Recapitulation, 95; Insufficiency of the astronomical, atomic, and kinetic views, 96; The conception of energy, 96; The term first used by Young, 98; Watt introduces the term "power," 99; Poncelet introduces the term "mechanical work," 101; Black, Rumford, and Davy, 102; Correlation of forces, 105 ; Liebig, 105; Johannes Müller, 106; F. Mohr, 107; Mayer, 108; Joule, 110; Helmholtz, 112; "Work" and "energy" introduced by Clausius and Thomson, 115; Sadi Carnot, 117; Carnot introduces the idea of "availability," 119; Thomson introduces the idea of "dissipation," 119; Fourier, 120; His influence on Carnot, 122; Clapeyron's graphical method, 123; Perpetual motion impossible, 124; Application by William and James Thomson, 126; The two laws of thermodynamics, 128; Summary statement of Thomson (Lord Kelvin), 132; Rankine, Zeuner, and Hirn, 133; Revolutions brought about by idea of energy, 137 ; Helmholtz on "tension," 138 ; "Potential" and "actual" energy, 139; The Scotch school, 141; Thomson and Tait, 144 ; Clerk-Maxwell, 145; Faraday, 146; Helmholtz on electro-dynamics, 149; Ostwald's physical chemistry, 153 ; The factor of "cost" in industry, 155; Berthelot and Ostwald, 157; Arrhenius, 159; Graham and Andrews, 161 ; Dissociation, 163; Hittorf and Kohlrausch, 164; Victor Meyer on change of chemical views, 165 ; Ostwald's journal, 166; Willard Gibbs, 167; Entropy, 169; Horstmann, 170; Helmholtz's "free energy," 173; Kelvin's "available energy," 174; Ostwald's 'Allgemeine Chemie,' 176; "Kinetics" and "energetics," 180; Criticism of mechanical view, 183; The outcome, 187; Recent triumphs of atomic view, 188; Modern electrical researches, 189; The term "electron," 193 ; Difficulties of Clerk-Maxwell's theory, 194 ; What are electric charges? 195 ; Dr Larmor's position, 195; Objections raised by atomists, 198;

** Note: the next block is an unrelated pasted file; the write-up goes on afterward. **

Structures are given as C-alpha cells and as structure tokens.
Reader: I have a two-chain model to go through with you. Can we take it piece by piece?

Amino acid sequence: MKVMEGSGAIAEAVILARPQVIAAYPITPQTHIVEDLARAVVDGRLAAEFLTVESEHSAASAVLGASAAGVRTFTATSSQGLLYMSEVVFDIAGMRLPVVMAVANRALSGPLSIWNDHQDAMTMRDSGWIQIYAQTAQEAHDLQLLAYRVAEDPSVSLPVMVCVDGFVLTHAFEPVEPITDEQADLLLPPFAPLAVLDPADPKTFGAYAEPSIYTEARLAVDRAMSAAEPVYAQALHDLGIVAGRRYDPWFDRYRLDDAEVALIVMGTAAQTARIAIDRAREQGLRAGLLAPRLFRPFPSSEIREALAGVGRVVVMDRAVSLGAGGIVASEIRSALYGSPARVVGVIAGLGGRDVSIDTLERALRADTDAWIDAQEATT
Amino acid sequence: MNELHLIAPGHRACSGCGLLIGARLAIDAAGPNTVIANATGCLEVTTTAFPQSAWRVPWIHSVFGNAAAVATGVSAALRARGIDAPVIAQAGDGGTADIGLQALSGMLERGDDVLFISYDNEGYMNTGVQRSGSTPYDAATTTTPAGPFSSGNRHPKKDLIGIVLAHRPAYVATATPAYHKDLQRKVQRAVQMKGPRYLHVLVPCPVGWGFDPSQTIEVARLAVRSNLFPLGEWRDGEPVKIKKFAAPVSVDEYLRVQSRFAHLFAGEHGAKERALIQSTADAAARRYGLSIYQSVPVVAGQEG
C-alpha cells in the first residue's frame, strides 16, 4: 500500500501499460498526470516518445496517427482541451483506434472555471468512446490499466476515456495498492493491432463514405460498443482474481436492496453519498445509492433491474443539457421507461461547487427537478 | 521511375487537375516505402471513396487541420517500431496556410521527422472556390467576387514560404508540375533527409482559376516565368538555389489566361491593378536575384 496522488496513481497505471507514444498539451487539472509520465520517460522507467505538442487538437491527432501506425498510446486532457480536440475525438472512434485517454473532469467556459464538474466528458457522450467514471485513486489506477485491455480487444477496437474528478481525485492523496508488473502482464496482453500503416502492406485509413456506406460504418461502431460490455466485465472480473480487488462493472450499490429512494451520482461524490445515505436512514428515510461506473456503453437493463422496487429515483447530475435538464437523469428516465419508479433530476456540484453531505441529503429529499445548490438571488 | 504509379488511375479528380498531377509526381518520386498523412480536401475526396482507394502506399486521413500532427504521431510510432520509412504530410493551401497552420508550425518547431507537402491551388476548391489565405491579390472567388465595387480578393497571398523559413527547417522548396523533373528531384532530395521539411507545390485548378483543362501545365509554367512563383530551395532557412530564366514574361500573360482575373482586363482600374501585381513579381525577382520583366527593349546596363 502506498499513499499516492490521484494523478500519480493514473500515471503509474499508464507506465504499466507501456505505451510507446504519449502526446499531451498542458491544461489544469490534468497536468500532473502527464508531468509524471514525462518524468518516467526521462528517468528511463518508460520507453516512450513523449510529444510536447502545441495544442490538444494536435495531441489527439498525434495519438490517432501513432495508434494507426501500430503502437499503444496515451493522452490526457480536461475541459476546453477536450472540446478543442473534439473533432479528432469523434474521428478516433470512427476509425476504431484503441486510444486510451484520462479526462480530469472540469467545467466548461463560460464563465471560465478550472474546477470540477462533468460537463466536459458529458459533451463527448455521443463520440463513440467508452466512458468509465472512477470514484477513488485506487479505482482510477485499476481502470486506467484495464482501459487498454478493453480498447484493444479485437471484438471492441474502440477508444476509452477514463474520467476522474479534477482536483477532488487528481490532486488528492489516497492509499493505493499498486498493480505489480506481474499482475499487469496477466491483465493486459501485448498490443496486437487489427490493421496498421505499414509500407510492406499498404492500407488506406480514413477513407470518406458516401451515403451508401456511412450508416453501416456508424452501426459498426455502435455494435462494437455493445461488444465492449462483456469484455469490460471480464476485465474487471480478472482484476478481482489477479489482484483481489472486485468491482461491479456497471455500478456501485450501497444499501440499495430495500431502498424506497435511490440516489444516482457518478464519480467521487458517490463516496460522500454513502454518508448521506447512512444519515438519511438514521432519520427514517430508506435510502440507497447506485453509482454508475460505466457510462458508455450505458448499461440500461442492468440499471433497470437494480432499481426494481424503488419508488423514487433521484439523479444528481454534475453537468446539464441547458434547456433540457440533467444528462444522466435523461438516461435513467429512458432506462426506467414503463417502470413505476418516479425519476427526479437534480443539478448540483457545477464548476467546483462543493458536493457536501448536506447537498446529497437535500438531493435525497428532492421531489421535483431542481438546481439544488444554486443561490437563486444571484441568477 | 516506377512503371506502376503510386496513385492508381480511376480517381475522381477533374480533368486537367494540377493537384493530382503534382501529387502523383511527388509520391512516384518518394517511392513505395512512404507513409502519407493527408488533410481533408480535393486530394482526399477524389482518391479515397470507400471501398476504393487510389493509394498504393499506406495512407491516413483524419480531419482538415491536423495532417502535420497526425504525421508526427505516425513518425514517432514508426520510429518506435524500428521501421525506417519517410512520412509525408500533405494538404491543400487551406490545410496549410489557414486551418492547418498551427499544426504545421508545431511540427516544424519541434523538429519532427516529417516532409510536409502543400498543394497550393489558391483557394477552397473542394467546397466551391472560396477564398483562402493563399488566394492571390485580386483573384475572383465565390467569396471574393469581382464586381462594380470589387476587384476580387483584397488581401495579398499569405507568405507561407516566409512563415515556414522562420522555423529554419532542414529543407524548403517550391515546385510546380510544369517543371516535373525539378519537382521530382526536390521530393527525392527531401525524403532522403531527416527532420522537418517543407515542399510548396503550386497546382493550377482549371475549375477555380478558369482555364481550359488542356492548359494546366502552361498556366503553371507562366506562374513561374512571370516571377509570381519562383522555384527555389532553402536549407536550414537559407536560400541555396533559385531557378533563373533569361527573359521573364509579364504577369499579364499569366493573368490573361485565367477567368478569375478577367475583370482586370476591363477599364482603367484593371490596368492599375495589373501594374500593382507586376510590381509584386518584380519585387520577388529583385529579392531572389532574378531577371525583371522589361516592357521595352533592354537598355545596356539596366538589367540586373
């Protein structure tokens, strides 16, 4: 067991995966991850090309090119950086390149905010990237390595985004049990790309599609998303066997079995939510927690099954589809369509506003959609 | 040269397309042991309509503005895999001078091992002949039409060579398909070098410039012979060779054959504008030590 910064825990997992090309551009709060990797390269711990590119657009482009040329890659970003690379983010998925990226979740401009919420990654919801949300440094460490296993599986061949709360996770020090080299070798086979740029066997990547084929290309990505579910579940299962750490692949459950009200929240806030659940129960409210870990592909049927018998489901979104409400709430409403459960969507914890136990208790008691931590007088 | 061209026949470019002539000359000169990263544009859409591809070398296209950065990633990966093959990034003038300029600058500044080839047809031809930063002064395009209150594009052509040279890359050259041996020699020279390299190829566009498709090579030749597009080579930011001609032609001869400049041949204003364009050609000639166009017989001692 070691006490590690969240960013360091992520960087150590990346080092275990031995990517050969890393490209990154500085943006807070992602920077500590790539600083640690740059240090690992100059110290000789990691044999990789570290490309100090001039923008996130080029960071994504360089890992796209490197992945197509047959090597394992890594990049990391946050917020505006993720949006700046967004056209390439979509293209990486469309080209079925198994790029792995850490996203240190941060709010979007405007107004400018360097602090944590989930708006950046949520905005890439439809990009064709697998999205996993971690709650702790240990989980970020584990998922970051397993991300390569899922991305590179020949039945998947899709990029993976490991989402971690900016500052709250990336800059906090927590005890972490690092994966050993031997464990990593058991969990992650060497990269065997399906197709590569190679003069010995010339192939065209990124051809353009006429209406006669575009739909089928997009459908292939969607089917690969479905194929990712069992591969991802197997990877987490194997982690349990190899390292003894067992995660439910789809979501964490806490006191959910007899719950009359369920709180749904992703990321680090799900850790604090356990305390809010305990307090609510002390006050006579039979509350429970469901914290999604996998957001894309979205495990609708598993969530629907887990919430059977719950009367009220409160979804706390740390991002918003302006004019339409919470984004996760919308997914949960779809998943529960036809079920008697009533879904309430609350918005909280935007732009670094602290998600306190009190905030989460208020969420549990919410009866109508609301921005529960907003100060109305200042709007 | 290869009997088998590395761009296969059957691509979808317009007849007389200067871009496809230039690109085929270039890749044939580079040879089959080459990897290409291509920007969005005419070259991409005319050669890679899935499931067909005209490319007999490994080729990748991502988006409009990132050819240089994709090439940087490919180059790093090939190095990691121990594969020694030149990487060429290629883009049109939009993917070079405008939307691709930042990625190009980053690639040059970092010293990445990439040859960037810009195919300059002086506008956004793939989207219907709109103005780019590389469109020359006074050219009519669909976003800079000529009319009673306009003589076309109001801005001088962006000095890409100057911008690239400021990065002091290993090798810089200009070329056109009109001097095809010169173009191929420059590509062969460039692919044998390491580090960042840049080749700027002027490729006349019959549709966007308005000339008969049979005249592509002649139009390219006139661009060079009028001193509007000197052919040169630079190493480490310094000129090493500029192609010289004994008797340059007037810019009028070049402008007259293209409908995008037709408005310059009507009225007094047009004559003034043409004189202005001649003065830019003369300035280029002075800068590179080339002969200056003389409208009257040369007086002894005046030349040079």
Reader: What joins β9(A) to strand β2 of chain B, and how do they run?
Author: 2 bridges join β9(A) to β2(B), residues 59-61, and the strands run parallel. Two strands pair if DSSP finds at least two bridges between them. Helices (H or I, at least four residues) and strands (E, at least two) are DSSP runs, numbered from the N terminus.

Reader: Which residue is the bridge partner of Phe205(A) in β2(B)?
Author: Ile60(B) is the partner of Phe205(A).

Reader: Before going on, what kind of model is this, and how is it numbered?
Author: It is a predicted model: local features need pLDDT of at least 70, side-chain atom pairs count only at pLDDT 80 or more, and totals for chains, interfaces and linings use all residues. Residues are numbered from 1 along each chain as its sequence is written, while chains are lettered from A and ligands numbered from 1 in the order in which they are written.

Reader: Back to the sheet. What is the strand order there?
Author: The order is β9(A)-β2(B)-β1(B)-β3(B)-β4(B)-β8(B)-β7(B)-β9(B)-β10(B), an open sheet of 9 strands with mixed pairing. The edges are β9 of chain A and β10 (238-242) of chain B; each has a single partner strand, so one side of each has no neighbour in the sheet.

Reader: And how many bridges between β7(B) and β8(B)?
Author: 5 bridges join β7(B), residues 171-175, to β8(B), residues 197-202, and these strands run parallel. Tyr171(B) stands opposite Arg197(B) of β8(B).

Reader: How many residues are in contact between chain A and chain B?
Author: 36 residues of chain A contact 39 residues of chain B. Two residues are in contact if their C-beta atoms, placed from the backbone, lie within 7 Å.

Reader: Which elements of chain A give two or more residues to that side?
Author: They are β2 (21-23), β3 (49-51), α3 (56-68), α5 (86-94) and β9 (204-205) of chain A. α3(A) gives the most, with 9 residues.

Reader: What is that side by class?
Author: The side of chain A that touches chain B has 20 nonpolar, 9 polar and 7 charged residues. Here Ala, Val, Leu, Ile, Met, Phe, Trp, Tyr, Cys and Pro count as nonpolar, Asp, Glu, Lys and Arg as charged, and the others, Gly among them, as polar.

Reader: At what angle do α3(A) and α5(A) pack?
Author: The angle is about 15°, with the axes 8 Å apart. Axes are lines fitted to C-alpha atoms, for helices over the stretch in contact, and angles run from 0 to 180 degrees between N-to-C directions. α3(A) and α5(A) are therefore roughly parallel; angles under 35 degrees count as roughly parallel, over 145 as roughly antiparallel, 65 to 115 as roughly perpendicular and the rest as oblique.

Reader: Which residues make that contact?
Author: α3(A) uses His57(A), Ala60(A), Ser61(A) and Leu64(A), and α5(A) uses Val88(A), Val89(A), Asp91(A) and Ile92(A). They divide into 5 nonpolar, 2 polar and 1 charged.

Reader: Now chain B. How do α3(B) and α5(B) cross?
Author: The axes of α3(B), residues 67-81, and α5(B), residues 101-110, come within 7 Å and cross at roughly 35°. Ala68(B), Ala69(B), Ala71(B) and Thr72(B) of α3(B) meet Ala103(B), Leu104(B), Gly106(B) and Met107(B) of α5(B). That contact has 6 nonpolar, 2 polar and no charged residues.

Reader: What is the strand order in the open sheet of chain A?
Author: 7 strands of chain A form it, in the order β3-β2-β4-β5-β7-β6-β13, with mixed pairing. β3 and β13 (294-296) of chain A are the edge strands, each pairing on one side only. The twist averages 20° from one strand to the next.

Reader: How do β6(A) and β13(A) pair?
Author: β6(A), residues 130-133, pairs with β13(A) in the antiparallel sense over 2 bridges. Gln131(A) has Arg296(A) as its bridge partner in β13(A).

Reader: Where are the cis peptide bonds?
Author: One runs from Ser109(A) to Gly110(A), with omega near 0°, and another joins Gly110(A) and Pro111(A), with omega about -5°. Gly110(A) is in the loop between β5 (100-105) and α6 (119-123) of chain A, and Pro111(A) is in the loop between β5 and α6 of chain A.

Artificial character of modern dynamical explanations, 199; The philosophic problem raised, 199.